The Californian photographer’s portraits of vandalized homes are artifacts of his engagement with time, place and circumstance.

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Interview: Sterling Ruby

“I embrace my manic personality traits. My work and the abundance of it comes from an internal drive. I can’t imagine working without my bi-polar disposition.”

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Interview: Mike Davis

The socialist urban theorist talks building and destroying, the crisis of the city, radical solutions, and the apocalypse.

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Interview: Cassils

The artist/bodybuilder inhabits a place where politics of gender, media construction and personal identity cross.

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Sterling Ruby: Tables

Remnants of the metalwork that took place for decades in the warehouse that now functions as the artist’s studio.

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Interview: Raf Simons

The fashion designer discusses collaboration, the creative responsibility for innovation and how to stay punk at the top.

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Sterling Ruby: Landscape

Once described as “Gangsta Rothkos,“ Ruby’s paintings push landscape towards an obnoxious beauty.

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Futura 89+: Bruno Zhu

This series features interviews with artists, writers and practitioners who were born in or after 1989.

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Pioneers: Heimo Zobernig

We recently showed your Untitled (in Red) (2011) in Cologne: a work composed of numerous red neon tubes. And now schwarzescafé [“black café”], an architectural reaction to…

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Pro/Creative: Strippers Lessons

Pleasure, power, instinct, and desire—the Pro/creative series considers visual culture via the bodies that make it. In this issue, Fiona Duncan gives us “strippers’ lessons.”

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Panorama: Cuba

As the cultural calendar increasingly becomes a feast of opportunities to fly off the beaten track, the Panorama series travels the world through the eyes of writers…

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Home Economics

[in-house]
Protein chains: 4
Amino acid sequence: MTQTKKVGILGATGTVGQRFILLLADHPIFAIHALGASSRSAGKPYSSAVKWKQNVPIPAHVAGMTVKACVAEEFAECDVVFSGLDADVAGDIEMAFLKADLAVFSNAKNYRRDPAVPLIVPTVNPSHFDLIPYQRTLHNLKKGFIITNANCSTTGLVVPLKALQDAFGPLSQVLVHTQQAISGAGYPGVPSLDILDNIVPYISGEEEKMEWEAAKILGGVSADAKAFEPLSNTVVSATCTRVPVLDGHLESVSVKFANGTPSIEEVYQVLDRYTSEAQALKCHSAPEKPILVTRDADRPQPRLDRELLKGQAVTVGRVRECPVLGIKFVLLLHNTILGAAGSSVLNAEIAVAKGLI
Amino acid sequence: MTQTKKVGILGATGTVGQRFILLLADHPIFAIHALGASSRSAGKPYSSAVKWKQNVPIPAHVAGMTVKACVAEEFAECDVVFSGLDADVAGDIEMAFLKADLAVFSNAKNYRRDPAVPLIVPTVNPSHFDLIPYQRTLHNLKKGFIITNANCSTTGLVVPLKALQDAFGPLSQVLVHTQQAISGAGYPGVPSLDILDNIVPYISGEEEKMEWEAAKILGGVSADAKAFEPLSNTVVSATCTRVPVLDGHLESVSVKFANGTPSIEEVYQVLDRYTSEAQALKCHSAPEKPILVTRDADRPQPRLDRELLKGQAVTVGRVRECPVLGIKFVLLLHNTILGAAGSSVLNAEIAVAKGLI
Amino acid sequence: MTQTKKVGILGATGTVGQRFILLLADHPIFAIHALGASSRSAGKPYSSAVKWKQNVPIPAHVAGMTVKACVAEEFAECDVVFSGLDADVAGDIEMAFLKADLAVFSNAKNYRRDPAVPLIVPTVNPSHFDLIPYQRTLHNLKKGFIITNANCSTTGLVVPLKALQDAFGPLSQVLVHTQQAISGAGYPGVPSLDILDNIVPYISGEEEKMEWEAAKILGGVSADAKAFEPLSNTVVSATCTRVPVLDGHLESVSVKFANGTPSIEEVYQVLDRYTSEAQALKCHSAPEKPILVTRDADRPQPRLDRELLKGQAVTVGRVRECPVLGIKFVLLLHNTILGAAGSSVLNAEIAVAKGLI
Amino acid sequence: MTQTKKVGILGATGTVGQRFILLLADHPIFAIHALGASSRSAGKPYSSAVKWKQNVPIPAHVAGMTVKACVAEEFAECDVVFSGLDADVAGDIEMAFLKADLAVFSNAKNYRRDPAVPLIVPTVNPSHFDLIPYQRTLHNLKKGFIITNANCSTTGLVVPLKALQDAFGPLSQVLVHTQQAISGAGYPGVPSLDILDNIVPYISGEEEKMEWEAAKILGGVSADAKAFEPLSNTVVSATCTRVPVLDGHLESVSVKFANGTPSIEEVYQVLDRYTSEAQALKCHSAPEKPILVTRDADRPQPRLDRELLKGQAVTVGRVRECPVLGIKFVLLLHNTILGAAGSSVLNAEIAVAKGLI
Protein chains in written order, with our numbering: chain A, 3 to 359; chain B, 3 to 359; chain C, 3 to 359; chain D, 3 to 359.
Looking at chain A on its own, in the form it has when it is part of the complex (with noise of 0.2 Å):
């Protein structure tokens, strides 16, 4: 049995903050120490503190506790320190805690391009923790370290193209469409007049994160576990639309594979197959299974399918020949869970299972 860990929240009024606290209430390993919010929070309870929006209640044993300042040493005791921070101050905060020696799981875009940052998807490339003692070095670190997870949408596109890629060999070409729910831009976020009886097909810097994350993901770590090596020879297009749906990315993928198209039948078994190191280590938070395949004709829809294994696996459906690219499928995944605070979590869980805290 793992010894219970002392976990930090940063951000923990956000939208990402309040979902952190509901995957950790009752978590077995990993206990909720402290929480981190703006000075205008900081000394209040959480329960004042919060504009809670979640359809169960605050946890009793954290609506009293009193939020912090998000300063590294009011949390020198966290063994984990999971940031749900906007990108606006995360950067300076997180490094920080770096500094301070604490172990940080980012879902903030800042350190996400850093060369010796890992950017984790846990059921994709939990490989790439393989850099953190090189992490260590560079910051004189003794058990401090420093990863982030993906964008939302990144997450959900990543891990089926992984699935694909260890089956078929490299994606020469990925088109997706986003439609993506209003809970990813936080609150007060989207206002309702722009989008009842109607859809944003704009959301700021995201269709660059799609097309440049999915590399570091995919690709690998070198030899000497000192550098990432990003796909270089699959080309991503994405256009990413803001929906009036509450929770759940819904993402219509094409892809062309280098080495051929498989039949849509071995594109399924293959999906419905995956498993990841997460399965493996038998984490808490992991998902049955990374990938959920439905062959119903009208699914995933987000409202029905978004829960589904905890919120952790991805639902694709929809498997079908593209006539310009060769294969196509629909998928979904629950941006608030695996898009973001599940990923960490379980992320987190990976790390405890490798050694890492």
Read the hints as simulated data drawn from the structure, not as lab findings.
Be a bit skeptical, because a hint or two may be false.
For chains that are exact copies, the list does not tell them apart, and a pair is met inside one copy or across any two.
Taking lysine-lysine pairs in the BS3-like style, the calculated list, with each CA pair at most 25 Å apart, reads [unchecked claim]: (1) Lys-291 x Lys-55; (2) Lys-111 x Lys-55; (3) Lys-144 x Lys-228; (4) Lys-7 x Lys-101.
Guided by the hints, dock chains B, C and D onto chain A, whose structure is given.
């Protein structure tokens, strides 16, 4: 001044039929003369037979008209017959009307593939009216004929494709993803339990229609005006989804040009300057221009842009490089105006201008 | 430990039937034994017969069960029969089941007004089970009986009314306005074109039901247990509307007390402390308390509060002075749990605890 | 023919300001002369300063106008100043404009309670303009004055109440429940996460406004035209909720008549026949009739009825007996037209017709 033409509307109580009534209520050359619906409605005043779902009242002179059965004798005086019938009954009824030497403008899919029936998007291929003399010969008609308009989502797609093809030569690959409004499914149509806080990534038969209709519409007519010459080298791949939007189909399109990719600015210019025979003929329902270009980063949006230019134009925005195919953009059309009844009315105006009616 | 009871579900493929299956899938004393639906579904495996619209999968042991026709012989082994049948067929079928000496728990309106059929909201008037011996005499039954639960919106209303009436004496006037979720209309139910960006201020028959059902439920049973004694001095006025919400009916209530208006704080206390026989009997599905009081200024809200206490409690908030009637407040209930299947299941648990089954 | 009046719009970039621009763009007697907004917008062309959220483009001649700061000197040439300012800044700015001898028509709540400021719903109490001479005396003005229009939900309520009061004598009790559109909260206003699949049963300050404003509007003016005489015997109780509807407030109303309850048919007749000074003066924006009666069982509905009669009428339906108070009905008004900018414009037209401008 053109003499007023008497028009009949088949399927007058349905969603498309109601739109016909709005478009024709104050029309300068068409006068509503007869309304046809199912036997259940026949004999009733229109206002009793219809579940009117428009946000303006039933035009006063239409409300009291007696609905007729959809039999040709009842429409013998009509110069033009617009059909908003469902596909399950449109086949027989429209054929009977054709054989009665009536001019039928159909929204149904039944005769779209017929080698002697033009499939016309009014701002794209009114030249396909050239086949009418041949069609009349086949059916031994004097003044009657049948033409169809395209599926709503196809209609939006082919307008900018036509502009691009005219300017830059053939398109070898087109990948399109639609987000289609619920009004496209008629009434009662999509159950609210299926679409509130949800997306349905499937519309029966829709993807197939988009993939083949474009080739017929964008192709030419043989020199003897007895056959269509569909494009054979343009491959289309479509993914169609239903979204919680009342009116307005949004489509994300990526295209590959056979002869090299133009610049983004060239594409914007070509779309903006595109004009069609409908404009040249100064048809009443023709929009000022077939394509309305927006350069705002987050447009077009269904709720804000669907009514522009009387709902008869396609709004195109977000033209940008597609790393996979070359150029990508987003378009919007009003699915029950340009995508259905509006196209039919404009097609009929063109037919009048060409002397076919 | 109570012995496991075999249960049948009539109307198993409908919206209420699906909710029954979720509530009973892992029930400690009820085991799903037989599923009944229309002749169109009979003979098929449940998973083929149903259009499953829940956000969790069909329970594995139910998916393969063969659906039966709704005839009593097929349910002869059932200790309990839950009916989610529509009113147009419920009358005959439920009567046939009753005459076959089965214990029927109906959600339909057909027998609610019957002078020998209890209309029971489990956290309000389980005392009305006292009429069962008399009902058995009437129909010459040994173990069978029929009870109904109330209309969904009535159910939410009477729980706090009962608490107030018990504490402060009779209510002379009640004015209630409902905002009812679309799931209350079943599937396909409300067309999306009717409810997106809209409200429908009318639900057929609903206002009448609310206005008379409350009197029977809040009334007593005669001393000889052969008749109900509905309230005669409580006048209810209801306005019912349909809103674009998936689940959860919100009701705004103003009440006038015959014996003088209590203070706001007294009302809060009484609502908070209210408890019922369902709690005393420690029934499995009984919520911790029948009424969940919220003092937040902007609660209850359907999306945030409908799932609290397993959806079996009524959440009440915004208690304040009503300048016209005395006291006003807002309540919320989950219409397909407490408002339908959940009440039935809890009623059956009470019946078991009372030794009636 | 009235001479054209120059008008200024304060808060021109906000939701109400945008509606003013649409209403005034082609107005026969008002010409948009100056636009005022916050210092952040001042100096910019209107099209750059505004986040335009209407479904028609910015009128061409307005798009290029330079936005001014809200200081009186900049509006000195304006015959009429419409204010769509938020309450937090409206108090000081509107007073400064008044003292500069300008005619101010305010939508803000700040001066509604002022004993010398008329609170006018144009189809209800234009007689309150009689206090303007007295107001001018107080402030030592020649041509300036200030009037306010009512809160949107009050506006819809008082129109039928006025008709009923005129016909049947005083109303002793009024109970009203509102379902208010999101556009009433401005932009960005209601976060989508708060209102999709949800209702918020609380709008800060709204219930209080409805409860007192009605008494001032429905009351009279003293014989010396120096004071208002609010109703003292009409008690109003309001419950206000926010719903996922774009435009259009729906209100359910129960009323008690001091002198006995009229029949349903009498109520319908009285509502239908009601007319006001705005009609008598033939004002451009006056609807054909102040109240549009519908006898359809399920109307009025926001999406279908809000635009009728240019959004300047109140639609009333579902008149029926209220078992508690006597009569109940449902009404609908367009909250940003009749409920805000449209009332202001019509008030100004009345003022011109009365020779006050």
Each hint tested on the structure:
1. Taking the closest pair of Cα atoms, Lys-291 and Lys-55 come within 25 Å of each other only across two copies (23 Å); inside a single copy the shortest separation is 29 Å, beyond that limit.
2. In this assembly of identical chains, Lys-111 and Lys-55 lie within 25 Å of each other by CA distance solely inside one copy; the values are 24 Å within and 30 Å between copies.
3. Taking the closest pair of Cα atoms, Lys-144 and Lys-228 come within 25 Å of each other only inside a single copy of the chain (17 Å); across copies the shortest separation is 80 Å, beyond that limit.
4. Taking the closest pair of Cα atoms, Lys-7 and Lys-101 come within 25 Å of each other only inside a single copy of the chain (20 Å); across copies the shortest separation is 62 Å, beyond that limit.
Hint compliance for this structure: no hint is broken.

There’s no place like home, sang the popular American playwright Sir Henry Rowley Bishop in 1823. Yes, but whose home? Approaching its fifteenth edition and unveiling its…

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Marguerite Humeau

Double, double toil and trouble; Fire burn, and caldron bubble; Fillet of a fenny snake, In the caldron boil and bake; Eye of newt, and toe of…

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Christopher Y. Lew

Despite his signature mohawk, Christopher Y. Lew has been a ubiquitous but unassuming presence in the New York art world for years. Born and raised in New…

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Megan Rooney

In his 1936 essay “The Storyteller,” Walter Benjamin provides a waltzing elegy for the art of storytelling, declaring it to be “reaching its end” amidst modern print…

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Cao Fei

Legend has it that leading up to the International Center of Photography’s 2009 triennial, curators at the New York-based institution had to deploy avatars in Second Life…

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Valerie Keane

Humans love fire ’cause it mocks our rule. Cartoons incite the same ancient envy—to groove past our edges, to move with the logic of thought. But we…

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Sean Raspet

In the flux of post-industrial capital, liquid is the currency that counts. Market analysts monitor its ebb and flow as obsessively as Mad Max’s Immorten Joe, who had…

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Yngve Holen

Airplanes: among the most sophisticated technology we experience in everyday life, they serve as powerful emblems of today’s accelerated and globalized lifestyle, its perks and its discontents….

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Renaud Jerez

Renaud Jerez’s techno-animistic sculptures have lost their protective membranes. Skinless, fluidless and vacant, they sit in wait, lying prone or hanging limp like marionettes…

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Sol Calero

Melons and limes, bananas and pineapples—Sol Calero’s polychromatic canvases suggest that seeing can be a form of sustenance.

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Eckhaus Latta

When I get through to Mike Eckhaus and Zoe Latta, the connection is faulty. “Sorry, we’re just driving!” explains Eckhaus. He has just joined Latta in LA,…

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Kienholz

For centuries, the aestheticization of violence in art has been the subject of considerable controversy and debate. Up to the early ‘70s, when Edward and Nancy Reddin…

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Producers: DIS

To coincide with the opening of the 9th Berlin Biennale, we bring you an extensive interview with the curatorial team, disruptive NY-based art collective DIS.

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Futura 89+: Darja Bajagić

In a recent tweet you said, “There are people who believe that things that shouldn’t be there mustn’t be shown.” Do you believe that pornography shouldn’t be there? And if it is there…

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Futura 89+: Philipp Timischl

Let’s talk about the project you’re working on as part of your 89plus residency at the Google Cultural Institute in Paris. The project will be presented at your first institutional solo exhibition…

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Futura 89+: Andrew Durbin

We first worked together early this year, when you read at the opening of the inaugural 89plus exhibition “Poetry will be made by all!”, co-curated with Kenneth Goldsmith and hosted…

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Cover Story: Robert Longo

Grown up from an avid consumer of films and TV to taking in most sources from the Internet, American artist Robert Longo is rooted in a generation interested in…